I have been trying to get my head around visualization for several months. Web presentation presents a few challenges that some of the product vendors seem to overlook.
First off, there is an ever increasing propensity for each vendor to develop and produce their own portal. It must be a common Java class in a lot of schools because it is so prevalent. And not all portals are created equal or even open in some cases. I think that while they are redeveloping the wheel, they are missing the point in that they need to develop CONTENT first.
So, what are the essential parts of a portal?
Content Customization and Presentation
In a security model, you need to understand that users belong to groups and are identified with content and brandings. A user can be part of a team (shared content), assigned access to tools and technologies (content distribution), and will need to be able to organize the data in ways that make it easy for them to work (content brandings).
In some cases, multi-tenancy is a prime concern. How do you take and segregate discreet content yet share the shareable content?
A Web presence lends itself very well to project or incident based portal instances if you make it easy to put in place new instances pertinent to projects and situations. This empowers the capture of knowledge within given conditions, projects, or team efforts. The more relevant the cature is, the better the information is as an end result. (The longer you wait, the more daat and information you lose.)
Single Sign On.
While vendors say they do SSO, they typically only do so across their product line. Proxying, cookies and sessions, authentications and certificates are all ways to have someone have to authenticate to access systems.
From the actor perspective, once you have to stop what you're doing to log into another application, subconsciously, you have to switch gears. This switching becomes a hindrance because people will instinctively avoid disruptive processes. And in many cases, this also refocuses the screen on another window which also detracts from user focus.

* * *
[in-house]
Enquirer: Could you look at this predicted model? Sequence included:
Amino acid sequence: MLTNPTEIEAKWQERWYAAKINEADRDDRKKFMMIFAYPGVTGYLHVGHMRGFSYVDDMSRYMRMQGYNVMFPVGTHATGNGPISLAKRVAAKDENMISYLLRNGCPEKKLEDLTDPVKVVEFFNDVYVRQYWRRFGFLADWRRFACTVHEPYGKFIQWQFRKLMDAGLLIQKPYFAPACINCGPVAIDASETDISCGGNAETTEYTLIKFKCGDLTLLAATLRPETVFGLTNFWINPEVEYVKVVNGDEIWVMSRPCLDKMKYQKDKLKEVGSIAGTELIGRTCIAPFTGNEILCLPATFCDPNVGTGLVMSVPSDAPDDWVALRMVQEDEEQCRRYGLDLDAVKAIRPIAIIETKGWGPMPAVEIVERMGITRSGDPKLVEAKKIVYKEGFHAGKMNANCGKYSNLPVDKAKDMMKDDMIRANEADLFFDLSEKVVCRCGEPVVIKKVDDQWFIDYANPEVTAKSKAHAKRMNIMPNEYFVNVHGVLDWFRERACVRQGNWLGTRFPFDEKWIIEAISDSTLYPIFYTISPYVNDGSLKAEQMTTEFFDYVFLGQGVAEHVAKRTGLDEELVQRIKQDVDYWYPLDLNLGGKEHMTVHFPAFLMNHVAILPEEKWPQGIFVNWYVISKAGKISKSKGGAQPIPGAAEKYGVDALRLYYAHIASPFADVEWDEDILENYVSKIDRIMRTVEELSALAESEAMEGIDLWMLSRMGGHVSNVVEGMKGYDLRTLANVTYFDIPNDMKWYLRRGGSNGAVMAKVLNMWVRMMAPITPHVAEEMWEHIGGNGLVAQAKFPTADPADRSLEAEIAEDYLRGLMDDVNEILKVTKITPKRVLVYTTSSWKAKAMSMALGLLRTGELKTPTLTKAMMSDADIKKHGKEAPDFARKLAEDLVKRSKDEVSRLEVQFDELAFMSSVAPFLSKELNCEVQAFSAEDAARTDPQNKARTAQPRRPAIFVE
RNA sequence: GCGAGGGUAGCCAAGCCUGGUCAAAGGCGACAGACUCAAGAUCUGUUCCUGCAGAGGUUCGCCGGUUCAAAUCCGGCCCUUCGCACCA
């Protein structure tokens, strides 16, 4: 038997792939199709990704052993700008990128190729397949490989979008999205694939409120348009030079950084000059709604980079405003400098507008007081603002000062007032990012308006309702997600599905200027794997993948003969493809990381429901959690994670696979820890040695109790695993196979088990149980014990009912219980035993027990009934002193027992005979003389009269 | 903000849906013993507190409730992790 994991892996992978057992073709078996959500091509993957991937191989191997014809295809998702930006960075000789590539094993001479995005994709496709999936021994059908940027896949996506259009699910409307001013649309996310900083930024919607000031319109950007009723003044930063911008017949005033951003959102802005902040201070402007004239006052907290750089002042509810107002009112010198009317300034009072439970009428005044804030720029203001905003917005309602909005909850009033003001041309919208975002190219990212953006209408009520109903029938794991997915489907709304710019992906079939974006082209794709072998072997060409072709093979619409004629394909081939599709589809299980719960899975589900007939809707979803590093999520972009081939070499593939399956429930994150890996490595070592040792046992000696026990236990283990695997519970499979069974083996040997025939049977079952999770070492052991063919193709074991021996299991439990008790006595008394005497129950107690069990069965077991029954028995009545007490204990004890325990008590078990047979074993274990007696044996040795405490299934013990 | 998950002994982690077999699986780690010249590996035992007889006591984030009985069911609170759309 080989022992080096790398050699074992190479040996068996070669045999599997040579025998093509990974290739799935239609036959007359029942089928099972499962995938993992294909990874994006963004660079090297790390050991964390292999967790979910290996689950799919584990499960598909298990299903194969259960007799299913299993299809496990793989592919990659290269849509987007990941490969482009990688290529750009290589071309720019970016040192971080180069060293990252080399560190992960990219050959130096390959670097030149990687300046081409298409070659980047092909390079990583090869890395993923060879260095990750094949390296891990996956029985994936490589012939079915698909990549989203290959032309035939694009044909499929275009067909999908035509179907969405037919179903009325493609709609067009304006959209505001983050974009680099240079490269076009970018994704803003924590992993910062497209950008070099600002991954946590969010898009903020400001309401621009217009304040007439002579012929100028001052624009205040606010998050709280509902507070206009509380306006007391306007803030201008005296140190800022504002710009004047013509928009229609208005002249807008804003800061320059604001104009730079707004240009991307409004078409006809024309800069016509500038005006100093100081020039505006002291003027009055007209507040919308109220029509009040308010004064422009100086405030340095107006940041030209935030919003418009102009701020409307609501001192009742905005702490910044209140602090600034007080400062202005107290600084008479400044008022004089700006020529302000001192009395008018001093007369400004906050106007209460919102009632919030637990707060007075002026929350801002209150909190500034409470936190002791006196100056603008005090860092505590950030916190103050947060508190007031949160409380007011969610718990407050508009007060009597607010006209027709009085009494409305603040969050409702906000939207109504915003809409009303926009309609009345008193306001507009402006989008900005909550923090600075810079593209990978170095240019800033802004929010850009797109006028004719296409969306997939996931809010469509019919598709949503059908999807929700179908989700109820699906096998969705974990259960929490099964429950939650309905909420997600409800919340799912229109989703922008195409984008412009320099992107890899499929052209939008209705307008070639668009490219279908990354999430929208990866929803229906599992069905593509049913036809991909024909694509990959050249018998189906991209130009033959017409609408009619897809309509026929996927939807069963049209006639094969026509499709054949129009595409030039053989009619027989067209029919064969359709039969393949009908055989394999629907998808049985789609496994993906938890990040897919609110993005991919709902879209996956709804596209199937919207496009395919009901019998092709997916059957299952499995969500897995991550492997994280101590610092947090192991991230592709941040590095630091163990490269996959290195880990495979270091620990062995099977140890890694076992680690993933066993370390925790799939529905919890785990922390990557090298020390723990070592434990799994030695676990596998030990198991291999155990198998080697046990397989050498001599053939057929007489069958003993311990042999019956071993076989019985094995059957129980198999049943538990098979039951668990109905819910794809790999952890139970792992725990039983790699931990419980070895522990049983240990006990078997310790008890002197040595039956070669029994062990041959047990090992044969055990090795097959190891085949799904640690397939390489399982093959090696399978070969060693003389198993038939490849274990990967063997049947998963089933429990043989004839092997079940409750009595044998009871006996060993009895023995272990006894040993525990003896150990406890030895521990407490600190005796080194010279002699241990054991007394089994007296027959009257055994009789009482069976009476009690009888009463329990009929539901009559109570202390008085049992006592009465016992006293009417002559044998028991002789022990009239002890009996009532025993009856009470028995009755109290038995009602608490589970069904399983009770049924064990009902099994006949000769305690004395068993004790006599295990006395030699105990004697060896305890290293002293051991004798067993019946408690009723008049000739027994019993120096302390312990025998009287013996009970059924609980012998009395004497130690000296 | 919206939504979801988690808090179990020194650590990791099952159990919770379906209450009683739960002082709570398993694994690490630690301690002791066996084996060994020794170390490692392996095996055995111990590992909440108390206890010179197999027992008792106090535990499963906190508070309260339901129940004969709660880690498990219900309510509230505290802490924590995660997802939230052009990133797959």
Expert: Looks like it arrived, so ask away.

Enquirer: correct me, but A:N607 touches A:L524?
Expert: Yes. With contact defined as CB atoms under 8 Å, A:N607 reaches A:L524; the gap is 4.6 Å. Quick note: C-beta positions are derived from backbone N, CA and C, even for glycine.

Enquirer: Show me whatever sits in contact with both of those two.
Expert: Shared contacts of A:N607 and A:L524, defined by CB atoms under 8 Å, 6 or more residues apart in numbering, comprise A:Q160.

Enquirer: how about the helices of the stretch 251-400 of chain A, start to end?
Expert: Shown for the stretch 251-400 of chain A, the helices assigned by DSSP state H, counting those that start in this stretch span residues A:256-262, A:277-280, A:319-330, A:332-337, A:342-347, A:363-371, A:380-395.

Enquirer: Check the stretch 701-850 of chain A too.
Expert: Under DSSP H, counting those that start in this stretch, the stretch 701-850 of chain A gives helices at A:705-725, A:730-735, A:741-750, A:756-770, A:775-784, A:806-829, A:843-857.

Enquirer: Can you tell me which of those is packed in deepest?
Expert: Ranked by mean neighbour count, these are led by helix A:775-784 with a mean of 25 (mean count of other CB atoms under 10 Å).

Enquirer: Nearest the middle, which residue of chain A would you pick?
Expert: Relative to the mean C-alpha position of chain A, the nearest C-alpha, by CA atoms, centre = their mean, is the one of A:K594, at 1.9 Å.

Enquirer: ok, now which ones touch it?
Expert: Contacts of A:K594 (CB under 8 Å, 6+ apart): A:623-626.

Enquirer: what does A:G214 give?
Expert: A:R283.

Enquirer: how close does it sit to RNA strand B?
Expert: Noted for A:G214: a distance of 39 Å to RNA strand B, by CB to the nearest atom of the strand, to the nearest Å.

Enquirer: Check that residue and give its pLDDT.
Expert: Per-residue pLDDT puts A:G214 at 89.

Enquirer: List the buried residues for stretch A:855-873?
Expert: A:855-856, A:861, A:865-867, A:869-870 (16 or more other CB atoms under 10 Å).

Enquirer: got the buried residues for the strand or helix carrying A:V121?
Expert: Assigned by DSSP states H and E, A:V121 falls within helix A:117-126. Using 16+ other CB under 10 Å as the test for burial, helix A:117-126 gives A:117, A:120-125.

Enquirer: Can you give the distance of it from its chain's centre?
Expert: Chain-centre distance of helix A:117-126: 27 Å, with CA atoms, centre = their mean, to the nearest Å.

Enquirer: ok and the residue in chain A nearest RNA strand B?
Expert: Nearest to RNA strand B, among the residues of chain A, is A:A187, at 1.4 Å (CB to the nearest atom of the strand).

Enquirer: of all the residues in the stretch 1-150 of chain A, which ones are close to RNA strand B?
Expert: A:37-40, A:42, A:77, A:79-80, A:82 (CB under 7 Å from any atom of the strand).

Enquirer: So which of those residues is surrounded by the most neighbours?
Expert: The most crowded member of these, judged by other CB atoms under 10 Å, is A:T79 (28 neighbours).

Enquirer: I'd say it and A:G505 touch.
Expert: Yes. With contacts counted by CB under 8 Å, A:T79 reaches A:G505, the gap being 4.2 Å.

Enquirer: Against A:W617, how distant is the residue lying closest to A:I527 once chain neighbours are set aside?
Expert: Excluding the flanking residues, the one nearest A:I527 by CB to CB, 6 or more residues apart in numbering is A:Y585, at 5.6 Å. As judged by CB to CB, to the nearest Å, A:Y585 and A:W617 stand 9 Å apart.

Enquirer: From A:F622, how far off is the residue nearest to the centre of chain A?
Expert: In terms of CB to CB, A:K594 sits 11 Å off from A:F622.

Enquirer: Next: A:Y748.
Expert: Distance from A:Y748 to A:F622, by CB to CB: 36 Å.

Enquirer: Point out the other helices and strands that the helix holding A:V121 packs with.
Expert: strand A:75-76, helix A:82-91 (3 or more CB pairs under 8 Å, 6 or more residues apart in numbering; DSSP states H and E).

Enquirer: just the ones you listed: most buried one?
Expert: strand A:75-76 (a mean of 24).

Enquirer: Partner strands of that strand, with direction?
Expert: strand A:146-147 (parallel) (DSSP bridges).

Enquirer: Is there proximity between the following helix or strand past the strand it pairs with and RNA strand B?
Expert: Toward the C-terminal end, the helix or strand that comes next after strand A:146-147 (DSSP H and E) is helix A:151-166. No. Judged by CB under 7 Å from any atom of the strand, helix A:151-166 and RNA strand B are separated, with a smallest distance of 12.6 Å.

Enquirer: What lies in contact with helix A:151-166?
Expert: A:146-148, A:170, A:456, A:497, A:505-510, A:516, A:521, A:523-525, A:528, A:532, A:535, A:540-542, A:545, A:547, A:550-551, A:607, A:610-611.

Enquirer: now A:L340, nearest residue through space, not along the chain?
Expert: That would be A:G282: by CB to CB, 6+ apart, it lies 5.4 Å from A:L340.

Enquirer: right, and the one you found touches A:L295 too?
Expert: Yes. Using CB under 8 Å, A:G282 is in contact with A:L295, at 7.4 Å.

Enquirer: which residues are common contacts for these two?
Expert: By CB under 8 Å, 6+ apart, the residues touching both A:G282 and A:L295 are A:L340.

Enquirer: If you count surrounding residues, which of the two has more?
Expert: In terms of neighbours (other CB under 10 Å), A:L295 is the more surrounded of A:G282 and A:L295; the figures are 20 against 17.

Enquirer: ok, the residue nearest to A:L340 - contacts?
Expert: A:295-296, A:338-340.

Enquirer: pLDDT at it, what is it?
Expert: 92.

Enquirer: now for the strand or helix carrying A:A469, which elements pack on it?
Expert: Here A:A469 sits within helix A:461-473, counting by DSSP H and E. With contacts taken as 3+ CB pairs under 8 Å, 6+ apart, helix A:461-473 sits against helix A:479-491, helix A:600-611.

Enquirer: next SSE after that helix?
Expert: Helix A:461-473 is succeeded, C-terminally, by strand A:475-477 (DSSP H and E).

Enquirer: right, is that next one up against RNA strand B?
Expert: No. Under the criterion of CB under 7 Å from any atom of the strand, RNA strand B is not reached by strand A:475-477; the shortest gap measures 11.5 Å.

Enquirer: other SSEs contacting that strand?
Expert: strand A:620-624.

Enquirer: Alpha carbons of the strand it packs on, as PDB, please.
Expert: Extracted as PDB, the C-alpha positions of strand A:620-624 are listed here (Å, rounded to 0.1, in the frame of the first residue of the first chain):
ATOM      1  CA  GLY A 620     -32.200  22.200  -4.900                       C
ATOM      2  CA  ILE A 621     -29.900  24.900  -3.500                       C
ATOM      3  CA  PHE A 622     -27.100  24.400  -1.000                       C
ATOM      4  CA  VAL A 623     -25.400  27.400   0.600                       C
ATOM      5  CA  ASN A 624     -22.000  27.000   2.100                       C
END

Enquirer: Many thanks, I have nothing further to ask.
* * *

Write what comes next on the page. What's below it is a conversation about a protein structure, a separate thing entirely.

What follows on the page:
Every web presence has content, a layout, and a look and feel. Templates for content layout, branding, organization, become the more common elements addressed in a portal. In some cases, language translation also plays a part. In other cases, branding also plays a significant part.
I happen to like Edge Technologies enPortal. Let me explain.
It is a general purpose Portal with Single sign On across product, it has a strong security model, and it lets you deploy web sites as needed. You can synch with LDAP and you can bring in content from a variety of sources... Even sources that are not web enabled. They do this with an interface module integrated with Sun Secure Global Desktop(The old Tarantella product...)
The enPortal is solid and fault tolerant. Can be deployed in redundant configurations.
But web visualization in support organizations needs to go much further in the future. They need to enable collaboration, topology and GIS maps, fold in external data sources like weather and traffic data. And they need to incorporate reward mechanisms for users processing data faster and more efficient.
Data and information must be melded across technologies. Fault to performance to security to applications to even functions like release management, need to be incorporated, content wise.
Some Wares vendors in the BSM space claim that they support visualization. They do. In part... Alot of the BSM products out there cater specifically to CxO level and a couple of levels below that. They lack firm grounding in the bottom layers of an organization. In fact, many times the BSM products will get in the way of folks on the desks.
A sure fire litmus test is to have the vendor install the product, give them a couple of data sources and have them show you a graphical view of the elements they found. Many cannot even come close! They depend on you to put all the data and relationships together.
Ever thought about the addictiveness of online games? They have reward mechanisms that empower you to earn points, gold, or coins or gold starts - something. These small reward mechanisms shape behavior by rewarding small things to accumulate better behavior over time.
In many cases, the data underneath required to provide effective visualization is not there, is too difficult to access, or is not in a format that is usable for reporting. When you start looking at data sources, you must examine explain plans, understand indexes as well as views, and be prepared to create information from raw data.
If you can get the data organized, you can use a multitude of products to create good, usable content. Be prepared to create data subsets, cubes of data, reference data elements, as well as provide tools that enable you to munge these data elements and sources, put it all together, and produce some preliminary results.